Democratic Maturation
20 November, 2014
Democratic Maturation
As it seems, the pro­cess of democratic maturation in Georgia is very much alive... and it is kicking too. Slightly though! I have rarely heard in my rather long life in Georgia – be it socialist or capitalist – that a minister has explicitly declared his or her resignation, grounded on political principles that are valuable to that particular minister and the team the minister represents. Neither have I known that members of a politically organized group act collectively and unanimously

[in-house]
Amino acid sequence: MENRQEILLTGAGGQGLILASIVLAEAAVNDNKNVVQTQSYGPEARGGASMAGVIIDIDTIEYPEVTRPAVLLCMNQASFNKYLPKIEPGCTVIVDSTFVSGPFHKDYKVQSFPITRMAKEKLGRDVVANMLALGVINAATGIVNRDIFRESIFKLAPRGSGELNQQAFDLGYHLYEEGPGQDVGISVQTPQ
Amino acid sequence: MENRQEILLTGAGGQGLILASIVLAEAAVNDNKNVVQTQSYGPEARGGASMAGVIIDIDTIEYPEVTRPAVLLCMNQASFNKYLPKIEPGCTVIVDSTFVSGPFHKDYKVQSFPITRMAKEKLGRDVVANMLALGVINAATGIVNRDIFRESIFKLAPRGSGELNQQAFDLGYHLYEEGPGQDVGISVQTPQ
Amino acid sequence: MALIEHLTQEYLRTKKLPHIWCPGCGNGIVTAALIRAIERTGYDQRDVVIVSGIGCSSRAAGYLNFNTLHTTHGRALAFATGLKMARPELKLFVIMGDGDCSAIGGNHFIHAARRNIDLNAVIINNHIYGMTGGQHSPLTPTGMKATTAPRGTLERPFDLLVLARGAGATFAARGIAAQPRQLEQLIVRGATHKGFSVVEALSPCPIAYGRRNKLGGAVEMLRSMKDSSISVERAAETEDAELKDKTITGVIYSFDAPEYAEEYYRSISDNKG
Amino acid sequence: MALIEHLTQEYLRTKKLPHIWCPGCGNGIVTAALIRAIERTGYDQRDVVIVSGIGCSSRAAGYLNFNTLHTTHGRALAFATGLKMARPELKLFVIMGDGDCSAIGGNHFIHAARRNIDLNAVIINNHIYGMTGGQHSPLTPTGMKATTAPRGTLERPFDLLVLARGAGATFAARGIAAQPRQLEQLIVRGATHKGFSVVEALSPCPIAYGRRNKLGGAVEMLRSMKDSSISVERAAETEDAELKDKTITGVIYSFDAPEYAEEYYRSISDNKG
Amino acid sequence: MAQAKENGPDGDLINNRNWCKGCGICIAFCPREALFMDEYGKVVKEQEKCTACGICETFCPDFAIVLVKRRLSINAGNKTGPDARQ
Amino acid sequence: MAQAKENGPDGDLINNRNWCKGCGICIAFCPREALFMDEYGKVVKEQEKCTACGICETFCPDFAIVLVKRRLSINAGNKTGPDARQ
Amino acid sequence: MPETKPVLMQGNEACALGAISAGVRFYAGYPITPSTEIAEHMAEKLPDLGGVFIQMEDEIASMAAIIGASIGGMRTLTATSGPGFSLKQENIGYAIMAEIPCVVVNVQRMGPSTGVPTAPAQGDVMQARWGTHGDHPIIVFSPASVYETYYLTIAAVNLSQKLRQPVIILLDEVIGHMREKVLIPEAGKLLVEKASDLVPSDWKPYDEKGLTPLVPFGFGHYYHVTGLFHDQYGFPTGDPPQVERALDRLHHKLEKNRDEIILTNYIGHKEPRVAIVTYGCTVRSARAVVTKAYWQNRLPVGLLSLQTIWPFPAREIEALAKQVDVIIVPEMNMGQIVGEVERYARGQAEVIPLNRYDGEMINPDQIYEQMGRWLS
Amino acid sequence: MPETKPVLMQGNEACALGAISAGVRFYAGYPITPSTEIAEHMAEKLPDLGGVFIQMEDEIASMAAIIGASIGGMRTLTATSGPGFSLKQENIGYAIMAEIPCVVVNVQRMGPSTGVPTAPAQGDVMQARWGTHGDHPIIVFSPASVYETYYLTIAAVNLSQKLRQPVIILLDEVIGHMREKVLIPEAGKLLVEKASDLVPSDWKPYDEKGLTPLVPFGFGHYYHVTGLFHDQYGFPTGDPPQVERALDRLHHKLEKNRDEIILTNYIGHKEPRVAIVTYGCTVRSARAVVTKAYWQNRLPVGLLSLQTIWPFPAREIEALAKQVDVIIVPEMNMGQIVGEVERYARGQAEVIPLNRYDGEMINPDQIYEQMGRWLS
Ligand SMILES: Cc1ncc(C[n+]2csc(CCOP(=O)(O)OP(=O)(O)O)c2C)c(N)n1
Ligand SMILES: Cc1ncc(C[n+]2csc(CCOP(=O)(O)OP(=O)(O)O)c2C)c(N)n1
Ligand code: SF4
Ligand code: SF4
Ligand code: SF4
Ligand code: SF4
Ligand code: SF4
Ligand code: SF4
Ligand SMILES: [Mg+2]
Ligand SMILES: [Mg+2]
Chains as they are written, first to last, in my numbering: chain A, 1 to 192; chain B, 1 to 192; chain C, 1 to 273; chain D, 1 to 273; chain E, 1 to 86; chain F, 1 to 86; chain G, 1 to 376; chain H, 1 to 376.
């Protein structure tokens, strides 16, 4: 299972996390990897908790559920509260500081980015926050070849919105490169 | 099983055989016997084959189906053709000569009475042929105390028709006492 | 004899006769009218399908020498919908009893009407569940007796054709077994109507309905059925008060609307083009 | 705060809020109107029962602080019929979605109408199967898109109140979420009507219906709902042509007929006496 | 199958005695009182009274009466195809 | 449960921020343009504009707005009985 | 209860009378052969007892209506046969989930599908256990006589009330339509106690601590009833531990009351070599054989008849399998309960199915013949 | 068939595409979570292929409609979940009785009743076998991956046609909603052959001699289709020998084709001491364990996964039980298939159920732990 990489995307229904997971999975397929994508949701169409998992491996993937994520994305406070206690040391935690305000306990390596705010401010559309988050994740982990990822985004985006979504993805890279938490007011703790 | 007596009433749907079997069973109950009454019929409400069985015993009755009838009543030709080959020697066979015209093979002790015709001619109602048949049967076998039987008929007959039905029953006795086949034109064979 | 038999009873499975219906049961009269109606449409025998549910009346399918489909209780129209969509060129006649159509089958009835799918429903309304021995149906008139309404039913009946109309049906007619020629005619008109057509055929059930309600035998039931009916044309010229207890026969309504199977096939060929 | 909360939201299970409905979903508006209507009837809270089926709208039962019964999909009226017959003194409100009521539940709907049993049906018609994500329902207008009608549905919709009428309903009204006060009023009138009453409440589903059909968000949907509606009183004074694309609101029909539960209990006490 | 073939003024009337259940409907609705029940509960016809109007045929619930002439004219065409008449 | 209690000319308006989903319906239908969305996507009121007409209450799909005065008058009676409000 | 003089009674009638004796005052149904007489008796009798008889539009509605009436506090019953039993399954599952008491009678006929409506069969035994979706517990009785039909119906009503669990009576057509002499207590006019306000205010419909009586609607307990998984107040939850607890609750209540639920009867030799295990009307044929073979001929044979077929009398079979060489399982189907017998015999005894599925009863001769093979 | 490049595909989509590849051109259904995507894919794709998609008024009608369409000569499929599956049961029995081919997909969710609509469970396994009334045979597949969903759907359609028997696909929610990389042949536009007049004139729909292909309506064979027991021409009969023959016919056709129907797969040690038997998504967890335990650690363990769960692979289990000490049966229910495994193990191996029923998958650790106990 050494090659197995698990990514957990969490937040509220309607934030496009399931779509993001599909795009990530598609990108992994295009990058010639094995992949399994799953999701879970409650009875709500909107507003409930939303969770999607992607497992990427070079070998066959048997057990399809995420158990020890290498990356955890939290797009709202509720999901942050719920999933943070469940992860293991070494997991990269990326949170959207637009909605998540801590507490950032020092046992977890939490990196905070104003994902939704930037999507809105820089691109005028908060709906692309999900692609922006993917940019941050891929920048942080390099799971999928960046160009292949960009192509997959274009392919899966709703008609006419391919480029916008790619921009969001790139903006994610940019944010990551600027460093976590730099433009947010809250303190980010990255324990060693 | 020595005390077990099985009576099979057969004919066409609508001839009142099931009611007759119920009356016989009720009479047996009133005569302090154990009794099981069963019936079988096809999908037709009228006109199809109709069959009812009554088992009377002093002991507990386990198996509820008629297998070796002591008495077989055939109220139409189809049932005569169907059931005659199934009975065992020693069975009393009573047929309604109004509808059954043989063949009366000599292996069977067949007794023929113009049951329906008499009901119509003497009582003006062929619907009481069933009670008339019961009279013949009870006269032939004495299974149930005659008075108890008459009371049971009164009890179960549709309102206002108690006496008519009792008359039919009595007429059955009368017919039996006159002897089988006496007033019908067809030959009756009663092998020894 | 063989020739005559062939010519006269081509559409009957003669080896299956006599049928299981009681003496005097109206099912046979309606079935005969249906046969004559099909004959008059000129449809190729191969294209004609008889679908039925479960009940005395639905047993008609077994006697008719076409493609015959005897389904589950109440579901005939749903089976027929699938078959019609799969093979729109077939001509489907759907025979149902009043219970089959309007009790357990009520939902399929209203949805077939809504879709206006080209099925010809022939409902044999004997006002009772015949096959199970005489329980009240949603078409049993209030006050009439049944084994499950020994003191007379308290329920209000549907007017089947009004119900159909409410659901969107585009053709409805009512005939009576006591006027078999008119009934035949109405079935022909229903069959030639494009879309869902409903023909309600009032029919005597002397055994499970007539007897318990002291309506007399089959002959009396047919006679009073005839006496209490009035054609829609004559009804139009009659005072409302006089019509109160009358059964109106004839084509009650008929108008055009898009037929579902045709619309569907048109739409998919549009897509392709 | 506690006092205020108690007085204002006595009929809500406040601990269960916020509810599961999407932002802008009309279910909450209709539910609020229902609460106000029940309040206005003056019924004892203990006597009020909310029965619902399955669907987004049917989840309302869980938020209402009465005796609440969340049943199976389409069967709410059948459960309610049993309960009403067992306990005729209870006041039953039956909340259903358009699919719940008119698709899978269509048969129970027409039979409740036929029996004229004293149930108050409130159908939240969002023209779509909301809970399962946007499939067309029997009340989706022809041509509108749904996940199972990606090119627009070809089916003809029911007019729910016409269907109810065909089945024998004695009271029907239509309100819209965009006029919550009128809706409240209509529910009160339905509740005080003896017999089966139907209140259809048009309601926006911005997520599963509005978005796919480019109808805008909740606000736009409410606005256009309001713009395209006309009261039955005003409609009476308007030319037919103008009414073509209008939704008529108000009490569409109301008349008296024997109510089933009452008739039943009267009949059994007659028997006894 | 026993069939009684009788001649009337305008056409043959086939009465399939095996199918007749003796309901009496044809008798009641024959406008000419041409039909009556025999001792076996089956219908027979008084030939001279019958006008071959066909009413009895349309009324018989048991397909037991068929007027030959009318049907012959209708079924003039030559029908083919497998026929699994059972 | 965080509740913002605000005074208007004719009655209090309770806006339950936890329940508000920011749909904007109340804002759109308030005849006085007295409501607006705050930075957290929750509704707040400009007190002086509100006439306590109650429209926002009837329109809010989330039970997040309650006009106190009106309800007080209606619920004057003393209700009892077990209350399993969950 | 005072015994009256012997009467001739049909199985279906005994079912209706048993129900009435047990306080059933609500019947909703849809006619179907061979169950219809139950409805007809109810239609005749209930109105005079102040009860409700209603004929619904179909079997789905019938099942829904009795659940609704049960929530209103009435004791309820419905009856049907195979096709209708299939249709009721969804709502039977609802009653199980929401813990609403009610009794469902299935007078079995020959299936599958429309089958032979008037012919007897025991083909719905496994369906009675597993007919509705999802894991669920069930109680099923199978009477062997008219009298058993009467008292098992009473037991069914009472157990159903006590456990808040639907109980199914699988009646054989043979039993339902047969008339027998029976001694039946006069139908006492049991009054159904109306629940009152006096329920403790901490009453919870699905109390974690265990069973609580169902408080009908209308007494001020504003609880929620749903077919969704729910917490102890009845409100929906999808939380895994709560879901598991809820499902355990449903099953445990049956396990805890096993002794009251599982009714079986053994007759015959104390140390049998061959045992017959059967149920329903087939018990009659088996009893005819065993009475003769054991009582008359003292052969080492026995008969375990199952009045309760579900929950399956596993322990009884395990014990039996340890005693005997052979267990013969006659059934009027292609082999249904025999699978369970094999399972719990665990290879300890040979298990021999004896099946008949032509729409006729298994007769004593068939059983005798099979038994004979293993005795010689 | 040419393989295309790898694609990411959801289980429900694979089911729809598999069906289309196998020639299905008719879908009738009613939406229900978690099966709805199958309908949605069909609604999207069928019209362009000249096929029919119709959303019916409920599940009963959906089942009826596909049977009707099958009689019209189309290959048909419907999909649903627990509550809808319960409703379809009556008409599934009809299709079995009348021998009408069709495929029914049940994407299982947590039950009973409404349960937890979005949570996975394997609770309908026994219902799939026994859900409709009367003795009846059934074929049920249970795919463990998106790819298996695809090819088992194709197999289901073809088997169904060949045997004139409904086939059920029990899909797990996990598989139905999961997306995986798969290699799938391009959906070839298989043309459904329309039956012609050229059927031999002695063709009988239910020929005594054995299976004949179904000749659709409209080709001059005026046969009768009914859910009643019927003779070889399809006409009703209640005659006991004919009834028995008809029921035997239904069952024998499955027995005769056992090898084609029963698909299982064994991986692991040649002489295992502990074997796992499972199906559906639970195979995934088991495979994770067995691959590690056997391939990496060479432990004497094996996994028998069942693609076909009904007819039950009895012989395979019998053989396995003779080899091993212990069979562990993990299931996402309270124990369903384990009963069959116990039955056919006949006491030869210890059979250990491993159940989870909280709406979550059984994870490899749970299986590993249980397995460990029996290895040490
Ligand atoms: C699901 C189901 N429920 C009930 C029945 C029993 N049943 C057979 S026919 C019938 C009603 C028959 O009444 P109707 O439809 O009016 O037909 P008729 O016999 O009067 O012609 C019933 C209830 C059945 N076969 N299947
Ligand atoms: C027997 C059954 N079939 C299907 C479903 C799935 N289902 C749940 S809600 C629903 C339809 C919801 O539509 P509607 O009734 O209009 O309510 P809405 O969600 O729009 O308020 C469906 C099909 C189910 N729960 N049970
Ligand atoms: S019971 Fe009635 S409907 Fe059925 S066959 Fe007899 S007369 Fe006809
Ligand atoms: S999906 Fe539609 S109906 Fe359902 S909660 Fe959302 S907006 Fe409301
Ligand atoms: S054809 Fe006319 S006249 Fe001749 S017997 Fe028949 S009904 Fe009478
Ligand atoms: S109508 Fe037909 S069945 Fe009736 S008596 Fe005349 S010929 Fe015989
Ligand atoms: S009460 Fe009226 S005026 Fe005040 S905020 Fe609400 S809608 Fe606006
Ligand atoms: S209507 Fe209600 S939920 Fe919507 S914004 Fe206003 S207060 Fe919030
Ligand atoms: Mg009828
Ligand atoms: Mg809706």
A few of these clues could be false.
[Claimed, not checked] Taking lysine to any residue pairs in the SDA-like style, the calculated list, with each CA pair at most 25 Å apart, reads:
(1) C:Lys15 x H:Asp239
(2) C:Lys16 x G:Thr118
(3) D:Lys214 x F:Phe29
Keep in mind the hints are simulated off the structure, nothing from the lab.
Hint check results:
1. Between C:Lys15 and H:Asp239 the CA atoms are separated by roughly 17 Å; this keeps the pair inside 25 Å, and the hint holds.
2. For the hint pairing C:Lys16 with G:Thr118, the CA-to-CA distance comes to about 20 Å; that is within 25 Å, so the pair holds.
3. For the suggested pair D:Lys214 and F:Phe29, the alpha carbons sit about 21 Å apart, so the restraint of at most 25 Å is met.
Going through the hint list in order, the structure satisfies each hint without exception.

only because they think their political credo is impaired for some substantial reason. What a gorgeous season in Georgia’s political calendar – ministers are leaving their posts voluntarily! They are not waiting for an axe – they are leaving on their own, without any dictation from outside, not even being afraid of anything to happen to them as a consequence of their openly demonstrated sense of political freedom. Moreover, I have heard that they are not showing even an iota of regret about their spacious cozy offices, complete with state-of-the-art design, furniture and equipment. They no longer care about their luxury chauffeured cars and the gratis mobile phones. They don’t give a darn whether they keep or lose their ministerial armchairs and numerous fringes into the bargain. In a word, they are taking it all very easy. They only need to have their political principles intact and respected. Congrats, Georgia! Finally, your sons and daughters are turning into the kind of politicians who truly look and sound like full-grown contemporary ideologists – judicious, sophisticated, secure and dignified. Now, why should I be so keen on emphasizing the fact of those recent voluntary resignations of political figures in the country? Because I have a good reason to be: Georgia’s predisposition for westernization derives from the necessity of its modernization, which is definitely conducive to the presumed enhancement of our people’s standard of living. So, it is thought and expected that Georgia’s Euro-integration is the shortest way to a better quality of life for our people and society. On the other hand, the time of joining the European family of nations has turned out to be a little longish. Procrastination of our full membership in the cherished European structures is obvious. Giving a more thoughtful consideration to the situation, there must be numerous causes in Georgia, instigating the tardiness of the process of ascending to European standards, among them – the absence of purely western political culture, skidding economy, depth of psychological barriers, off-kilter human attitudes, soviet carry-overs, level of overall public education, anachronisms of the revolutionary post-soviet time, overgrown political ambitions, exaggerated reliance on how good or bad the governments are, penchant for street-wise politicking, words-no-deeds model of action, unending territorial strife, lack of useful employment, popular tendency of leaving the country in quest of a better life, and an outrageous traffic pattern, if you wish – you just name it! All these qualifiers show every step of the way or loom behind the corner. Not belittling for a second this nation’s intelligence and political experience, I would love to recognize that we are still in the process of learning. And in this course of lifelong national self-education, a paradigm of voluntary political resignations is working on further amplification of subtlety of our political culture, which brings us closer and closer to what is considered European and Western in general – more civilized and humane than anything else that has been invented by humankind so far. At least, the generic judgment is that the Western pattern of organizing human societies is more optimal than other political philosophies, known to man today. This is why Georgia is looking West more eagerly than any other direction. And the resignations of political figures, clearly performed at their own discretion – in utter consideration of their political principles – happens to be a sample of behavior, purely belonging in the Western political culture. Therefore, I would like to emphasize the meaning of recent ministerial resignations in Georgia and find in those gestures more positive than negative charge for the future of the country. Freedom of political thought and action are not that easy to acquire, especially in the wake of almost a century-old totalitarian rule which was imposed on Georgia and many other nations by the weird times of socialist revolutions. Since then, the revolutions continued to occur every now and again, as if it was bequeathed to former soviet nations to remain in perennial revolutionary mood and modus. The impression is that, among other socialist sisters, Georgia has emerged as one of the fastest learners of the new ways, like democracy, societal liberalism, political freedom, national liberation, cultural modernity, flexibility of international behavior, spontaneity of thought and philosophical treatment of the post-communist development of life. The recent widely talked about ministerial resignations are very much in unison with what makes Georgia a potential member of the famous Western family of nations. The loud Georgian resignations might not even be worth of that much attention and verbosity but I cannot help being excited at how fast Georgia is growing politically. The West is not making a mistake that it wants to trust Georgia’s western future, but the irritation caused by Georgia’s westernization is not negligible at all. This is why this nation and its current leadership cannot afford being nonchalant towards what that part of the world thinks and wants. Hence, Georgia is compelled to go for the multilateral game it is currently playing. To witness whether the game is a success or failure is the matter of time, but it is also true that any miscalculation might end up in a disaster for this country. I am not sure at all if the recent political resignations – as unexpected and impulsive as they seem to be – were astutely precalculated or not, but they have sounded and looked as a perfectly organized western type of a political showdown. So please don’t get overly surprised at my being impressed as much as I have been. Things like this are rare on the stage but if they are out there on certain interesting occasions, they are prone to further hone our political acumen, thus only helping our society to be better off. Let’s call it all the precious moment of Georgia’s democratic maturation, picking up both – velocity and quality. Let’s just wait – there is more in store for us to be watching along the thorny way Georgia is dragging on!